It is here that the redemptive hope of God’s covenant promises displaces the darkness of sin, misery, and death. Though judgment was coming, God did not leave His people without hope. On the eve of this climactic plague, the people of Israel were to take a lamb without blemish, kill it, and smear the lamb’s blood on the door of their home. When the Destroyer passed through the land of Egypt on that promised night, he would see the blood and “pass over” them. This promise is as terrifying as it is redemptive. It is terrifying to imagine such judgment falling on anyone. It is at the same time strikingly reassuring to imagine that God would provide a substitute to take the place of His people through the blood of the lamb. The subtle suggestion of double imputation is discernable. The lamb was to be unblemished (pure). It could not have any notable faults; it was to be costly and yet innocent. At the same time, the unblemished lamb’s death was to take the place of the firstborn child inside the home. Though the people were sinful by nature, the lamb took their place, and the blood of the lamb stood as something of a redemptive, atoning barrier between the Destroyer and the people. When the Destroyer saw the blood, he would not “touch” (or harm) them. Such was the comforting promise to the people of Israel from their covenant-making, covenant-keeping God. By the grace of God, the crisis was averted.

Even greater comfort is afforded to us as the people of God today. Our comfort, however, does not come through the redemptive promise of any mere lamb but through the redemptive blood of Jesus Christ—the Lamb of God who takes away the sin of the world (John 1:29). However, Jesus came not to deliver us from the mortal (flesh and blood) enemies of this world but to deliver us from the wages of our sin and the dark death that awaits all who are outside of Jesus Christ. Israel’s long tenure in the land of Egypt was a dramatic display of our spiritual slavery—something that is true of every person: Jew and gentile, male and female, slave and free. We are all by nature slaves to sin and its wages—death—and this is our greatest crisis. Even more terrifying is that the Destroyer in the book of Exodus was ultimately God Himself—passing through the land of Egypt, bringing with Him a preview of the eschatological (final) judgment that awaits all those who are not found hidden under His grace. Only God can save us from Himself, and that is exactly what He has done in the gospel. He has hidden us under the blood of Jesus Christ, and when God comes again on that climactic day of judgment, He will pass over us. Even better put, He will embrace us as those who are pure, clean, holy, and beloved in His sight. We are hidden by the blood of the unblemished Lamb.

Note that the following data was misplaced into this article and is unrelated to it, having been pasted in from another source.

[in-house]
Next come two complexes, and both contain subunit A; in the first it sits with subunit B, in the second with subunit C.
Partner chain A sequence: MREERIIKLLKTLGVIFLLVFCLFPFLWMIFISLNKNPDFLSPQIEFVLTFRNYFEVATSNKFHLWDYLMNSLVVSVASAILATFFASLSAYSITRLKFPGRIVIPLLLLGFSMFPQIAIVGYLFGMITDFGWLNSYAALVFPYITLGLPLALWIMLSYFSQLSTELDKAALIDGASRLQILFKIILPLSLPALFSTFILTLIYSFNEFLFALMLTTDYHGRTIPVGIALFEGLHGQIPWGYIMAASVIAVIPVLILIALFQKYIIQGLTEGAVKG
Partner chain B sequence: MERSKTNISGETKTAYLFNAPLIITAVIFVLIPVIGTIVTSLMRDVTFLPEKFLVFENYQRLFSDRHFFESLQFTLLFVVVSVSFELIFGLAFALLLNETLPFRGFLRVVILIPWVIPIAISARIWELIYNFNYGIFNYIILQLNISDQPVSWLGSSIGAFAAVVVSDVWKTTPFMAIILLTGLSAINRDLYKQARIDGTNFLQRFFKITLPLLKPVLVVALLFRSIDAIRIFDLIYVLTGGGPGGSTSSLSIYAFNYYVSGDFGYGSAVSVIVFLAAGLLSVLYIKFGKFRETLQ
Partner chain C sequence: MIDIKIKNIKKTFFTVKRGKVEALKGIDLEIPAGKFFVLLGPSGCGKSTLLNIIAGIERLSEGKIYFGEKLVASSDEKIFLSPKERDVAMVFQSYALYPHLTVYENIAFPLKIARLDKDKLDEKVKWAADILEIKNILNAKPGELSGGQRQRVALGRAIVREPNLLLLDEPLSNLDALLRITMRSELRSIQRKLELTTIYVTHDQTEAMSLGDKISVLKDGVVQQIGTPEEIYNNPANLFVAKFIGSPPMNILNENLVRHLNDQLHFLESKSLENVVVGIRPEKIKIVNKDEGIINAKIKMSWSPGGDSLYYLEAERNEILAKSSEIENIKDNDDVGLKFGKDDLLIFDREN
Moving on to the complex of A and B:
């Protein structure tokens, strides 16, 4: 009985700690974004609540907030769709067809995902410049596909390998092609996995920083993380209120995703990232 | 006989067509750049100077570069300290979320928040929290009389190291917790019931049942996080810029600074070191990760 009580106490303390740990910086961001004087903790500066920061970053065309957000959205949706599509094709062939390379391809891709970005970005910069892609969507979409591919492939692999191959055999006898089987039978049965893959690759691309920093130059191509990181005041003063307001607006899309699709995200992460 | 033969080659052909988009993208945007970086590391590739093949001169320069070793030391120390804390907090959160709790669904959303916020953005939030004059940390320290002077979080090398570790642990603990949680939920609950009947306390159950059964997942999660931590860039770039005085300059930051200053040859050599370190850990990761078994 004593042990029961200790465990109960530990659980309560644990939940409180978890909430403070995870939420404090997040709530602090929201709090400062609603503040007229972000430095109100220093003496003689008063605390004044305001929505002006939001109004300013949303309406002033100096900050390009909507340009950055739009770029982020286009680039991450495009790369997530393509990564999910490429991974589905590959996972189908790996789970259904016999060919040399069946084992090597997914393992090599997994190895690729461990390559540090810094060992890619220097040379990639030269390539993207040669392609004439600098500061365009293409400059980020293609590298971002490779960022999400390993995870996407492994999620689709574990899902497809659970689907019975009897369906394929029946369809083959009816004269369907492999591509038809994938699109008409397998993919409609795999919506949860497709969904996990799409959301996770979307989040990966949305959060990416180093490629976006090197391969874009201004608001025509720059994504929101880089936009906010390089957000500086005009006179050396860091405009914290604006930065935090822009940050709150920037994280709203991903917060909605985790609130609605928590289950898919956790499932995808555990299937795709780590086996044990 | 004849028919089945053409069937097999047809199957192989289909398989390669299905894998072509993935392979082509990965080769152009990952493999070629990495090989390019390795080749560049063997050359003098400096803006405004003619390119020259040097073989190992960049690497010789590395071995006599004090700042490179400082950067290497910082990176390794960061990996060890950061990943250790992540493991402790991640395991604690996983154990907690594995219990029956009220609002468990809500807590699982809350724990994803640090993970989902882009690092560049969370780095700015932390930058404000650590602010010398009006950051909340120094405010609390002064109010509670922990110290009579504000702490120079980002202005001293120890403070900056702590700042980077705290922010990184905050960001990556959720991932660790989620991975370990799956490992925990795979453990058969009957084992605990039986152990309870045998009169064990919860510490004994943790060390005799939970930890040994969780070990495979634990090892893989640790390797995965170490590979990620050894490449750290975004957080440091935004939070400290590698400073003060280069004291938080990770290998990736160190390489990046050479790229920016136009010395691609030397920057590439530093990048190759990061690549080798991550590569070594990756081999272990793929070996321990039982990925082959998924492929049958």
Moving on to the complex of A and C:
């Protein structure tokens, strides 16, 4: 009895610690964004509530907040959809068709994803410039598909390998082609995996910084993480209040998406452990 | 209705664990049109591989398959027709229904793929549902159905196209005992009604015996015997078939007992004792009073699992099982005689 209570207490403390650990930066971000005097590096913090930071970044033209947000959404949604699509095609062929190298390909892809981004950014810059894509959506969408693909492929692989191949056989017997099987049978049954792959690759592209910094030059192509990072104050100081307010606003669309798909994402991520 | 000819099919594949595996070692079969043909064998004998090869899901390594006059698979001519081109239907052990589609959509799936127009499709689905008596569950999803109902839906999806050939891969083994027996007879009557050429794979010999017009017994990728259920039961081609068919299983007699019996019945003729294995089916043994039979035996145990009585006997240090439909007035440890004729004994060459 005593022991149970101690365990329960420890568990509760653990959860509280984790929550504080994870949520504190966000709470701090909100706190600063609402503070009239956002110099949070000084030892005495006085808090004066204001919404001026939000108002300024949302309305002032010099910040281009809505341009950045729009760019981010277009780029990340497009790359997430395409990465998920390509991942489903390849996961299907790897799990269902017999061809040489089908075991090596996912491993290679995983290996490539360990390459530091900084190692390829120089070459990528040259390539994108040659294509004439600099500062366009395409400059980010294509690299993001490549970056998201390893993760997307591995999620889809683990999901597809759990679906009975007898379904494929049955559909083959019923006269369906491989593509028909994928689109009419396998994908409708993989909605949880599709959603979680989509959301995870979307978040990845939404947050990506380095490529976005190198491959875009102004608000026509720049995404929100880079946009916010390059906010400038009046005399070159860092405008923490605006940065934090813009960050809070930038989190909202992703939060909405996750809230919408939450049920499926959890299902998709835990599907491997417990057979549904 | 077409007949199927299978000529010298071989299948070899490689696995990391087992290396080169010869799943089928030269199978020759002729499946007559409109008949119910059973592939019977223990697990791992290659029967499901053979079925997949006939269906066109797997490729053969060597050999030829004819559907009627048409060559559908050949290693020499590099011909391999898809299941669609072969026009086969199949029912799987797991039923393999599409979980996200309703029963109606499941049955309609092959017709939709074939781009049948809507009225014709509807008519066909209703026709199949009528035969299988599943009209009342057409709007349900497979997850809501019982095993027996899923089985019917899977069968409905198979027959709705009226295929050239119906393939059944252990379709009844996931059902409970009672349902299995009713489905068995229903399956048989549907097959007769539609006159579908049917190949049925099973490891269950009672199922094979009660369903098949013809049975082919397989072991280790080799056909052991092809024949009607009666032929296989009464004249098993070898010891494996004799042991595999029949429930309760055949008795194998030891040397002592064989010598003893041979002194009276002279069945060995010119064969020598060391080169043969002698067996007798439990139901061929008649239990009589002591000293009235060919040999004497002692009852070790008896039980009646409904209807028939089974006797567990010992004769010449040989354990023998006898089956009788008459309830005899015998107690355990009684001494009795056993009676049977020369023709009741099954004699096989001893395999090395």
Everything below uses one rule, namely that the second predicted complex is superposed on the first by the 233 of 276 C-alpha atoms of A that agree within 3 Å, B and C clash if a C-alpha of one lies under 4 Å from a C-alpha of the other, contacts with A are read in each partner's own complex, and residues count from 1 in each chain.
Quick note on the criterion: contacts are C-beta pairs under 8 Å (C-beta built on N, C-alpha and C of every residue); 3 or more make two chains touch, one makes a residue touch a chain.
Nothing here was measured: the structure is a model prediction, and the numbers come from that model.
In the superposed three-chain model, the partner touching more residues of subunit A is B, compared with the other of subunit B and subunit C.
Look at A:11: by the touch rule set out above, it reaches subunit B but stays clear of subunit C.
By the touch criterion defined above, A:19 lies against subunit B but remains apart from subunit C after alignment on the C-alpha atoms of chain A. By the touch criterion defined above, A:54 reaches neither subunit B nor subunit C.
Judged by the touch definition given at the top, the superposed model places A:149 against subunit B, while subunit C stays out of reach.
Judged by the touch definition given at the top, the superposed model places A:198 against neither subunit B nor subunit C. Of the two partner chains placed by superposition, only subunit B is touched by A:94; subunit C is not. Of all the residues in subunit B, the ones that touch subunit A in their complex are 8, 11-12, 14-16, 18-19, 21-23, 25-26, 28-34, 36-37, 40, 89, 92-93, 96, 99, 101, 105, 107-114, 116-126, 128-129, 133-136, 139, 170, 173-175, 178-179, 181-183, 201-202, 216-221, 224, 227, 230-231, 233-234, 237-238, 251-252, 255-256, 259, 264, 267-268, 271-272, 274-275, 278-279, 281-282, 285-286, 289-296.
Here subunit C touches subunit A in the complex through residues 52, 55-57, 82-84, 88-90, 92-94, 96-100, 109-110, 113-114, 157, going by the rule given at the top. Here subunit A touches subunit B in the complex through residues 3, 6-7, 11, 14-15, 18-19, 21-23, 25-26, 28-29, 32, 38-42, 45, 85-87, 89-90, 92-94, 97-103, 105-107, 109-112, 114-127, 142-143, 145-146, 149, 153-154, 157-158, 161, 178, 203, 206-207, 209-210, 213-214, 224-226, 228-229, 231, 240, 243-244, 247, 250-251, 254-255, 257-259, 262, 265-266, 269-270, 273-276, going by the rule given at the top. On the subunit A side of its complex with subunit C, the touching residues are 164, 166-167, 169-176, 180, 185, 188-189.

What the Passover said to the Israelites, the gospel continues to say to us: there is hope and comfort for us, sinful as we are, not because of anything that we can do or have done, but because God is gracious and kind in His covenant. All that the law requires, the gospel gives in Jesus. And how do we receive this gospel comfort? It is by faith alone. Just as Israel had to act on faith in putting the blood of the lamb on their doorposts, we too as the people of God must embrace the promises of God by faith. The blood of Christ has been poured out for us that the Destroyer might pass over us on that final day of judgment. Now, being rid of slavish fear, we may boldly approach the throne of grace knowing that we are most welcome in the presence of God. And there is nothing more comforting than that.